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The Best Way To Save for College

02.10.2023 • 7 min read

Mia Frothingham

Subject Matter Expert

Learn the best ways to save for college. We’ll explain the importance of saving money, when to start, the best plans, and extra money-saving tips.

In This Article

  1. Why Is it Important To Save for College?

  2. When Should You Start Saving for College?

  3. College Saving Money Plans

  4. 6 Top Tips To Save Extra Cash for College

Back in 1963, a student paid today’s equivalent of $2,078 in tuition at a public, 4-year college. In 2020, that same tuition cost $9,580. That’s a 361% increase.

Since 1970, college costs have increased faster than incomes. It’s safe to say that saving for college is not what it used to be.

historical costs of tuition and fees in 2021 dollars


This graph’s uphill mountain—and today’s tuition rates—look intimidating. But it doesn’t have to be.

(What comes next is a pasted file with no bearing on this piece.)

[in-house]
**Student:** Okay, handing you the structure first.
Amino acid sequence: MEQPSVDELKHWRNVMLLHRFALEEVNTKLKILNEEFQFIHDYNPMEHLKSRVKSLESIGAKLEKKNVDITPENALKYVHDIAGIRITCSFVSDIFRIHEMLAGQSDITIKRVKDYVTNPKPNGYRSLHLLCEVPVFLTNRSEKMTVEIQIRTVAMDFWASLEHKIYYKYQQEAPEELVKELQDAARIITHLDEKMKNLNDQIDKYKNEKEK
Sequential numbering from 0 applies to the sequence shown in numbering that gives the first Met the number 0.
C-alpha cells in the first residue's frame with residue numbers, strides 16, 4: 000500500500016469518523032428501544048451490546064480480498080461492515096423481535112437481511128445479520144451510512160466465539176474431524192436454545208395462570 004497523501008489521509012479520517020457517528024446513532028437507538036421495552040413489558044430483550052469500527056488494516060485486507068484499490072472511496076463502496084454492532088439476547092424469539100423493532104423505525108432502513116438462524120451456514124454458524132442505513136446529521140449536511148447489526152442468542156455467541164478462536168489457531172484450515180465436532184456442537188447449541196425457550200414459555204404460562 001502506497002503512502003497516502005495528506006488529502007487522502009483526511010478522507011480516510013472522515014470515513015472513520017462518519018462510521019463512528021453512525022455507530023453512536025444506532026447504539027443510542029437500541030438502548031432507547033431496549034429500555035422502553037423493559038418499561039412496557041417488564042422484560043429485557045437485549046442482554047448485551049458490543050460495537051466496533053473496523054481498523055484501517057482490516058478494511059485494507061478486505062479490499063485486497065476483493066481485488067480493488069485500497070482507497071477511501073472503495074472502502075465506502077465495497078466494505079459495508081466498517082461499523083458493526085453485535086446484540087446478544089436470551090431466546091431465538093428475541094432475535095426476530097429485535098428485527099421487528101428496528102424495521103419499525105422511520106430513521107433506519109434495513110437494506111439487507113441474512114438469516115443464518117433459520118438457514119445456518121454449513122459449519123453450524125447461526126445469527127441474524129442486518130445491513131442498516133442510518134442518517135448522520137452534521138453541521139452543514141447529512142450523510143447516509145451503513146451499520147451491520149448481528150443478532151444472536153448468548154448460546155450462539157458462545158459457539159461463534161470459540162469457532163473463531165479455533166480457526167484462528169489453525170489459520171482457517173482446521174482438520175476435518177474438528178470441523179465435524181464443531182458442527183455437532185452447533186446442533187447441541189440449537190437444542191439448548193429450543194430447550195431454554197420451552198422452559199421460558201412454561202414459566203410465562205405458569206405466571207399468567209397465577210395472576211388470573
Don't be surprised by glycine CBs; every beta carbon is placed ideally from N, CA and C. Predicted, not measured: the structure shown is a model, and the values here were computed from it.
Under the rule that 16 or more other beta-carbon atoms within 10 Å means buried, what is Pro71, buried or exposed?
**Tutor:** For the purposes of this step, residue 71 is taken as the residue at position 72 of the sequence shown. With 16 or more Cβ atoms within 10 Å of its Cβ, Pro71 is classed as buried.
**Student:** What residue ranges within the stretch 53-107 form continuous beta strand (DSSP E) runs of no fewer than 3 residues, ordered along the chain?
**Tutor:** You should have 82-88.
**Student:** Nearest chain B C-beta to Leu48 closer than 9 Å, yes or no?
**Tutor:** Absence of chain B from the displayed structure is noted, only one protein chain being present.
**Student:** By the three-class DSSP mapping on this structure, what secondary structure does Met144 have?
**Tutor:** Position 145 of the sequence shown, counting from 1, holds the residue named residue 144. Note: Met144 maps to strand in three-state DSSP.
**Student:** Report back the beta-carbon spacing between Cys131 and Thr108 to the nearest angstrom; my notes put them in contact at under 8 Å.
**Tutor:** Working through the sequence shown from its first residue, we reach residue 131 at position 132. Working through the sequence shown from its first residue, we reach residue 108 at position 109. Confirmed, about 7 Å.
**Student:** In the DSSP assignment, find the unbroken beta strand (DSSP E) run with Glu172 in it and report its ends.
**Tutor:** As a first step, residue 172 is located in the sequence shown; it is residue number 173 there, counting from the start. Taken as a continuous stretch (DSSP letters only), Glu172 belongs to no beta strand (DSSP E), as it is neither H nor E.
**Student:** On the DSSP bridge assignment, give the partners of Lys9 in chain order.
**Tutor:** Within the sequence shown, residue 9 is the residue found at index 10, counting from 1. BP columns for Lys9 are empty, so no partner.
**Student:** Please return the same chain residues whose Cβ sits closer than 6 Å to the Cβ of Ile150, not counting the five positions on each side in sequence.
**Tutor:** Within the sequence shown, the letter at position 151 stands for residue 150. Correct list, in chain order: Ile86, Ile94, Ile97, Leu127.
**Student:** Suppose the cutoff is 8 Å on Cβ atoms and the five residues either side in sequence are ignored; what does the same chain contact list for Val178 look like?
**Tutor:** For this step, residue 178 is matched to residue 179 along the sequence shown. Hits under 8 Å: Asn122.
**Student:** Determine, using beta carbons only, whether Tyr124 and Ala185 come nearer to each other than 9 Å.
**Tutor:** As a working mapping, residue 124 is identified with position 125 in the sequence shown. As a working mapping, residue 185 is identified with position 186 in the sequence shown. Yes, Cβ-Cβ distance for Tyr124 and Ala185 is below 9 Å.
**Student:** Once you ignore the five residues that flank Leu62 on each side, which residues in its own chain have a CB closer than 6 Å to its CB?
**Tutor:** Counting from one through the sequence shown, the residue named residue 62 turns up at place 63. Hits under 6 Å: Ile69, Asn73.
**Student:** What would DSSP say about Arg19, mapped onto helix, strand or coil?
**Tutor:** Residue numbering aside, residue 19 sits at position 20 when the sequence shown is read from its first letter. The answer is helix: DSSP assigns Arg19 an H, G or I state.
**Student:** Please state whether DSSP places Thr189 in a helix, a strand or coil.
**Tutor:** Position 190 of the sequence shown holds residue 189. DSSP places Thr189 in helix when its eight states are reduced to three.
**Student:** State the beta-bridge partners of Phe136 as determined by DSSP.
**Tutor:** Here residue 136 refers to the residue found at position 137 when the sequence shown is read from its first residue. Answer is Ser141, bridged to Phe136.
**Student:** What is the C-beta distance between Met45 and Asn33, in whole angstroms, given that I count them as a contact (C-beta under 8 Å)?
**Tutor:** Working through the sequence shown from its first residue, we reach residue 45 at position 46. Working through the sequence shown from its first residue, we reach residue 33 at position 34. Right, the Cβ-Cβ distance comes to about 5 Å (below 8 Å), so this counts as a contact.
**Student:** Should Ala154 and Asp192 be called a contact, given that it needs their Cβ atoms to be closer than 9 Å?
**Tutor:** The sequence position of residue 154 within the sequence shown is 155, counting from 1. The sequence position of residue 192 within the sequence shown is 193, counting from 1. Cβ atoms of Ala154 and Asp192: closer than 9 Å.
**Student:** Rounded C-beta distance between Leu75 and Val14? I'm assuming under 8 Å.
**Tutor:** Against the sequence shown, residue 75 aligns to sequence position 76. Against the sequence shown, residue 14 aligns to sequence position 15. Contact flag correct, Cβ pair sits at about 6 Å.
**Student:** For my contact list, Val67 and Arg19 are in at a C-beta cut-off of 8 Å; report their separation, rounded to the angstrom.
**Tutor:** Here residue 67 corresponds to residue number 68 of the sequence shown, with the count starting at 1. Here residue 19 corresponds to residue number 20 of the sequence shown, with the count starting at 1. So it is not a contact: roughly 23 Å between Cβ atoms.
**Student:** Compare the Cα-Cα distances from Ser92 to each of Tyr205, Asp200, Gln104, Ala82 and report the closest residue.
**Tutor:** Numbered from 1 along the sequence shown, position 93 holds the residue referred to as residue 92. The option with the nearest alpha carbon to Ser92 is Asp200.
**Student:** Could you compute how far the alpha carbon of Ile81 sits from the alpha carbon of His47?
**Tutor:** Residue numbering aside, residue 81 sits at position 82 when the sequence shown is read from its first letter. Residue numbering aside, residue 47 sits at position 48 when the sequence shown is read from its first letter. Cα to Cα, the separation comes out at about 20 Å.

College can be affordable, especially with a plan.

In this article, we’ll go over why it’s important to save for college, when to start, and the different saving plans.

And after saving thousands of dollars earning my bachelor's degree, I have some practical saving tips from my own journey that’ll go a long way.

Why Is it Important To Save for College?

When it comes to saving, earning a college degree is worth the investment. This especially holds true when it comes to salary and employment. The Bureau of Labor Statistics found that those with college degrees have lower unemployment rates and higher median earnings overall.

Graphic showing Earnings and unemployment rates by educational attainment in 2021


Saving is also a great way to avoid paying big costs upfront. A 2021 report from the College Board found that the estimated budgets for undergraduates ranged from about $18,000 at two-year public colleges to about $55,000 at four-year private colleges. These averages included tuition and fees, room and board, and other college expenses for the school year.